Furthermore, reset and merge topics are deepened, demystifying some of the most feared features - some of the few features which can delete information irreversibly when using git. The most interesting feature approached in this chapter, for me, it is probably Git Rerere. I never heard of such feature until now, but Git Rerere tries to learn how to solve conflicts from previous manual resolutions by the author. Risky, but really tempted to give it a try. It seems to pay off when implementing a bug feature on a feature branch that needs to be continually updated (through merge or rebase) with the main branch.
Reaching to the final chapters of the book, we get to the 8th chapter, Customising Git. It is useful to learn how to automate your own workflow, creating aliases, easing authentication, setting up hooks, and so on. Other not so used configurations, provided by .gitattributes file, are also approached. Among many possibilities, .gitattributes file allows to configure how to diff specific files, or specific merge strategies. I am not using those features yet, but I want to invest some time in the next couple of weeks to find out if it is worthy.
From this chapter I was able to increase my own
.gitconfig file, with several aliases. This file is one of the reasons that makes me prefer to use the command line to other GUI alternatives. With the proper aliases you never type to much. With the right configurations/flags you control exactly the actions and the output. Besides the fact that there are several commands not available on GUI alternatives. If you want to, just check my own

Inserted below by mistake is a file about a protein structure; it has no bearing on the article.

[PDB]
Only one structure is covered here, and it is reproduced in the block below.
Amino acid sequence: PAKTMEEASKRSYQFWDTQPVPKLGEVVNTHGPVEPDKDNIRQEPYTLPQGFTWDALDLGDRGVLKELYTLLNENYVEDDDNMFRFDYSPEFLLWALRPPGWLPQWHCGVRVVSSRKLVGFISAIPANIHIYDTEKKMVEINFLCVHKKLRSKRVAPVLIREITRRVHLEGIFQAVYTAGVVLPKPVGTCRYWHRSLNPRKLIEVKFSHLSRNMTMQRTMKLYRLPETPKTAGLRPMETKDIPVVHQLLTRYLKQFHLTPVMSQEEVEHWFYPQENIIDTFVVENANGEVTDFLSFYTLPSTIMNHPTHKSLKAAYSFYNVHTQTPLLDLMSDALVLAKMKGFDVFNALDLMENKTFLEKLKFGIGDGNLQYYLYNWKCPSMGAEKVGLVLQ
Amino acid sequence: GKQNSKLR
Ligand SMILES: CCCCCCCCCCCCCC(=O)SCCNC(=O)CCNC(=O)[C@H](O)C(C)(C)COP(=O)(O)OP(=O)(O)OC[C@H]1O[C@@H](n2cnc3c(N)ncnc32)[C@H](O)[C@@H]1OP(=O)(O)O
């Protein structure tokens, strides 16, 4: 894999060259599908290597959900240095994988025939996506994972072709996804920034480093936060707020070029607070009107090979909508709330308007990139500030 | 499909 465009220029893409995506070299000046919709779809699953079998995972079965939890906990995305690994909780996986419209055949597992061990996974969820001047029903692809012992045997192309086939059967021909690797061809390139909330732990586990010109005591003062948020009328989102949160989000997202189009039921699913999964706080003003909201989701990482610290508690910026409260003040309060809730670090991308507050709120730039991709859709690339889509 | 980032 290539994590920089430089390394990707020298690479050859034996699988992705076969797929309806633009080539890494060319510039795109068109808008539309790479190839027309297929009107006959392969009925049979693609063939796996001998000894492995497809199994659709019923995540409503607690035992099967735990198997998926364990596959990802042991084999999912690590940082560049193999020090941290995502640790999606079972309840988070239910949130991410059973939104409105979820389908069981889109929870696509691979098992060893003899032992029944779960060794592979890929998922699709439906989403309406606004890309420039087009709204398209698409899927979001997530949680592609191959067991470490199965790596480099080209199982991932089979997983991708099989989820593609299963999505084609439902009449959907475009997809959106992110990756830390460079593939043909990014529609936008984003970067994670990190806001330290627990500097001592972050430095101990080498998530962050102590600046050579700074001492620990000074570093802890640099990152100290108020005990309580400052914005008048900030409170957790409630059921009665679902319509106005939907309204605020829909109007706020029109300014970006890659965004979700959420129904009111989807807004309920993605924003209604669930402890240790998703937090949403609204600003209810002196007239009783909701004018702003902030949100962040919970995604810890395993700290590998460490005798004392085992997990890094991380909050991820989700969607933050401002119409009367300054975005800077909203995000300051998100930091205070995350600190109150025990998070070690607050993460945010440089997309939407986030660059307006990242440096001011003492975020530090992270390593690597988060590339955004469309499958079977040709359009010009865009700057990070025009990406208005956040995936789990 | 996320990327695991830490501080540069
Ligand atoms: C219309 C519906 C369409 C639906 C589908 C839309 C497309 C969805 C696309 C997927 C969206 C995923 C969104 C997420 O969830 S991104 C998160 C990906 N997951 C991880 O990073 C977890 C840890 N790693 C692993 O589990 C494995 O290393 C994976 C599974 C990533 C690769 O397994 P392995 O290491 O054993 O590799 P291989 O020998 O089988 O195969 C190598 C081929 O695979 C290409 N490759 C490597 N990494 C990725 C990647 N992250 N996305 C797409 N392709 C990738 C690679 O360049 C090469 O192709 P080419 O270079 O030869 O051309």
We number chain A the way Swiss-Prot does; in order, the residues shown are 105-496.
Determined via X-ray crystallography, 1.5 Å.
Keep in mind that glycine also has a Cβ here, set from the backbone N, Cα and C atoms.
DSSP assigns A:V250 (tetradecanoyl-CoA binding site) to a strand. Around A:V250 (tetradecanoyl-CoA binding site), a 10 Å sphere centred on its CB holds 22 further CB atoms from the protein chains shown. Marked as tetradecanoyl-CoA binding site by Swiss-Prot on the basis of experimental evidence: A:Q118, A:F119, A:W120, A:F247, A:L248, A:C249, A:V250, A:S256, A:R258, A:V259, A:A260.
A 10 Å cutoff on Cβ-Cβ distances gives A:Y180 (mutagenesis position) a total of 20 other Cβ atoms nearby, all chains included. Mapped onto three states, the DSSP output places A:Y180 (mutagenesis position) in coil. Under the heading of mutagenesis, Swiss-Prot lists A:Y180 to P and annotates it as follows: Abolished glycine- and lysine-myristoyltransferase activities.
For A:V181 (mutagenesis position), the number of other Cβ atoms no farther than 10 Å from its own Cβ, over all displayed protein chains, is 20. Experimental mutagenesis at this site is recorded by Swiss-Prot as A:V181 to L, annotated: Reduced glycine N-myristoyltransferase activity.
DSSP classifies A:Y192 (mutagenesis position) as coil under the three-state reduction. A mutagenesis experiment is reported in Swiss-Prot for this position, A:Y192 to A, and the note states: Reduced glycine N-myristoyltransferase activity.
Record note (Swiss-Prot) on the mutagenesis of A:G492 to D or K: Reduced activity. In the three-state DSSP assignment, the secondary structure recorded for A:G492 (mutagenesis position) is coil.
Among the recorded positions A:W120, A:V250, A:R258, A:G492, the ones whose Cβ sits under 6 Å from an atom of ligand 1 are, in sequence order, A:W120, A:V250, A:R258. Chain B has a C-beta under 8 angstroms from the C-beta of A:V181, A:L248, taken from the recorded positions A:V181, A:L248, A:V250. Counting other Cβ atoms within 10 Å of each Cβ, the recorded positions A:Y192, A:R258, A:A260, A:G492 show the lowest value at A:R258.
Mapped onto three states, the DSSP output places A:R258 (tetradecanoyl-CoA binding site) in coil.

Chapter number 9 is all about the interaction of Git with other VCS, namely SVN, CVS, and Perforce. I skipped this chapter because I never worked with any VCS other than Git (I did two projects with CVS and SVN on college, but it wasn’t a real usage), and (fortunately) I do not have to migrate any project to Git from any other source.
The last chapter is were we start understanding how is Git implemented: it is fully dedicated to implementation decisions and details. It is awesome to learn about Git Objects, hidden commands (what are usually called as plumbing commands), refs, transfer protocols, and how everything else is done underneath our usual commands. Still, this chapter seems just the tip of the iceberg, and I’m pretty sure there’s a lot more to explore about the underworld of git.
In the overall, this is a book that will certainly teach something about git, the most widely used VCS nowadays. It is a book everyone should read if wants to start to use git, or even if it is already using it.
But, depending on the experience on git, one should choose which chapters to read: there is no advantage in read about all advanced commands and plumbing if you are a started, and there is hardly any knowledge to extract from the beginning chapters for readers already familiarised with git.
I would just like to have more information about git implementation itself, that is briefly described in the last chapter. Nevertheless, there are plenty of other sources to complement those details, like the git homepage, the git repository, or even the git mailing list.